Monday, 6 December 2010

Bank holidays and local scum

Constitution Day (Día del Constitución)
The 6th December is a national holiday in Spain and marks the ratification of the new Spanish constitution of 1978 after the death of Franco. After the death of Franco in 1975 a general election was held in 1978 and the new parliament (Constituent Cortes) drafted a new Spanish constitution. This was eventually passed by King Juan Carlos on the 27th December and came into force on the 29th December.
Since that day, the 6th December has been a public holiday and 99% of businesses are closed. The Spanish use the day for family outings and the restaurants fill to capacity.
The 8th December is also a public holiday to mark the Feast of the Immaculate Conception. This means that the 7th December, in the middle, although not an official holiday, is also often taken as a day off. This is called a ‘puente’ or bridge.

Petty crime in Spain
Spain is no different to any other country, where petty crime is rife and tourists are often seen as easy targets. Tourists tend not to be as street wise as the locals and are often unaware of the typical methods used by street thieves. That’s not to say that locals are not at risk too. We, personally were subjected to a typical theft just this week.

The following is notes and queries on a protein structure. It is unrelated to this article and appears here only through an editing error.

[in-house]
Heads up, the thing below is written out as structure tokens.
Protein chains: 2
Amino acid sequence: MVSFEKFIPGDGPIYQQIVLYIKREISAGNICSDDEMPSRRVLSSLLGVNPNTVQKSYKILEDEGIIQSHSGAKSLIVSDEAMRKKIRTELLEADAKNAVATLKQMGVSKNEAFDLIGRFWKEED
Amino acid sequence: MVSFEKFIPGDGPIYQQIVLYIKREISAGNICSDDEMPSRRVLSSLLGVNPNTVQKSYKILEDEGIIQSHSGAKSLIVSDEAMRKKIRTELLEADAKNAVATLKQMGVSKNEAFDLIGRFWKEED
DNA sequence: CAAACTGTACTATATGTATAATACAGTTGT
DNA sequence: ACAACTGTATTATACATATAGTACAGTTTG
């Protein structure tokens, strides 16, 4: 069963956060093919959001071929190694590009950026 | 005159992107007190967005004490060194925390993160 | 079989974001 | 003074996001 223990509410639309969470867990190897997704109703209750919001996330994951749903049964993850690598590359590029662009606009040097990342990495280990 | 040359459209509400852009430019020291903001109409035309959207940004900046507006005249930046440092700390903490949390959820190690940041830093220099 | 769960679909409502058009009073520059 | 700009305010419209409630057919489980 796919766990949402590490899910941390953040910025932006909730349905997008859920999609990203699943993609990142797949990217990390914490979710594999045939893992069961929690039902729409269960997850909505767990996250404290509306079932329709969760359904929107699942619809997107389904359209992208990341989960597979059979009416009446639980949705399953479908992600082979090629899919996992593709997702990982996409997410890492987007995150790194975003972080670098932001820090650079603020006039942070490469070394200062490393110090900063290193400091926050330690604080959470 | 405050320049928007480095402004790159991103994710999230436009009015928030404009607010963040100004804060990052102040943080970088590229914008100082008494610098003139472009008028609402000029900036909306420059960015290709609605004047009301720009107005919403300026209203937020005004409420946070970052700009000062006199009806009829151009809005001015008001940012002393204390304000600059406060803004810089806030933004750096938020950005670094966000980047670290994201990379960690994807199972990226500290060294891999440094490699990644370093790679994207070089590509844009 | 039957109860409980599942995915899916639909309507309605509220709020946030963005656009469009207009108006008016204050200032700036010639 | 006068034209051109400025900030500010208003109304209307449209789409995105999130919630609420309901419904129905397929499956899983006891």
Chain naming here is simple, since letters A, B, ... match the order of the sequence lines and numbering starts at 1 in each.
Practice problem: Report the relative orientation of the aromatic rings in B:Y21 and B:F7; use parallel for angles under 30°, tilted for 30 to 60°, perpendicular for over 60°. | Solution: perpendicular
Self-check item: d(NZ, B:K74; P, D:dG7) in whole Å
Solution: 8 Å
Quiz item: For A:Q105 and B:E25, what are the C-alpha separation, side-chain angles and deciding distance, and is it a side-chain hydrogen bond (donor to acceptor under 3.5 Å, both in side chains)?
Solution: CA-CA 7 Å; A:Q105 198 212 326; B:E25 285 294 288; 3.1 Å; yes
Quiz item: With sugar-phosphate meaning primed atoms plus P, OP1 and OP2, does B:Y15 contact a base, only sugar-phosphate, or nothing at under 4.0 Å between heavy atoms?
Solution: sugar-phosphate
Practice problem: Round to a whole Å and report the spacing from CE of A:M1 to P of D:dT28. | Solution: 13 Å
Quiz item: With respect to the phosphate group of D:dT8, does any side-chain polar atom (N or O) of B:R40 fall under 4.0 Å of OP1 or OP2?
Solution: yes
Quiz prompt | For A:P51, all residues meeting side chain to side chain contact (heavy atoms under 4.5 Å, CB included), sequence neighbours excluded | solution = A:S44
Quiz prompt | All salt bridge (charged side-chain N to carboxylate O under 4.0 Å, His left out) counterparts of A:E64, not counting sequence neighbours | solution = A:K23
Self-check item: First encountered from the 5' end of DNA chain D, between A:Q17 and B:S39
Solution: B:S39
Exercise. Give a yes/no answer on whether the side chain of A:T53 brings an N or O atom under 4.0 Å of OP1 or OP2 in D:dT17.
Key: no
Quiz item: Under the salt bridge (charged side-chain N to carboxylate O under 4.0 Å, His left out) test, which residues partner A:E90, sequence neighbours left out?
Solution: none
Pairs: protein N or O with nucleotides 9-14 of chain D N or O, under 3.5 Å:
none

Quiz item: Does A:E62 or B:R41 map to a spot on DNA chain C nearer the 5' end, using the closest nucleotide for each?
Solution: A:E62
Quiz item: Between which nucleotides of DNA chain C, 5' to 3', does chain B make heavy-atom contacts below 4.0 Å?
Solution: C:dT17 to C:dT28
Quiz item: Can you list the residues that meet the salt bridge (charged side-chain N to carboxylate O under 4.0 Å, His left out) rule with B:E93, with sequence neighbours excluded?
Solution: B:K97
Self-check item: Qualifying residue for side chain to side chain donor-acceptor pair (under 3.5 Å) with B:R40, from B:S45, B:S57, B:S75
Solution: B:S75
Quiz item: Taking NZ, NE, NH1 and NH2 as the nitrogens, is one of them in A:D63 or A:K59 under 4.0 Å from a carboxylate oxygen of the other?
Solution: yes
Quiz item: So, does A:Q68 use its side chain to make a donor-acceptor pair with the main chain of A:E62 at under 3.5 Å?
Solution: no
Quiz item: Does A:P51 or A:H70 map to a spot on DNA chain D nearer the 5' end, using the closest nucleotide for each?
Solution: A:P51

Whilst sitting in a street café, my coat was placed on the back of the chair. A group of 3 Moroccan men came and sat behind me and placed their coats on the backs of the seats. They were only there 2-3 minutes and sat sipping water from bottles. Suddenly two of them got up and left in a hurry whilst one went to pay the bill inside.
A few moments later I realised that one of the men had dipped into my coat pocket and stolen my mobile phone.
We managed to get in touch with Vodafone within an hour and had the number blocked and the sim card replaced. This was made easy as I had kept the original sleeve in which the sim card came. This had the original serial number on it. Without this number it would have been impossible to stop the card and retrieve the number: a lesson to all.
Although losing a £100 mobile to a scumbag was difficult to swallow, I feel I came off lightly. It could easily have been my wallet.
This event has inspired me to re-write information about stolen mobiles on our website here and about stolen credit cards here.

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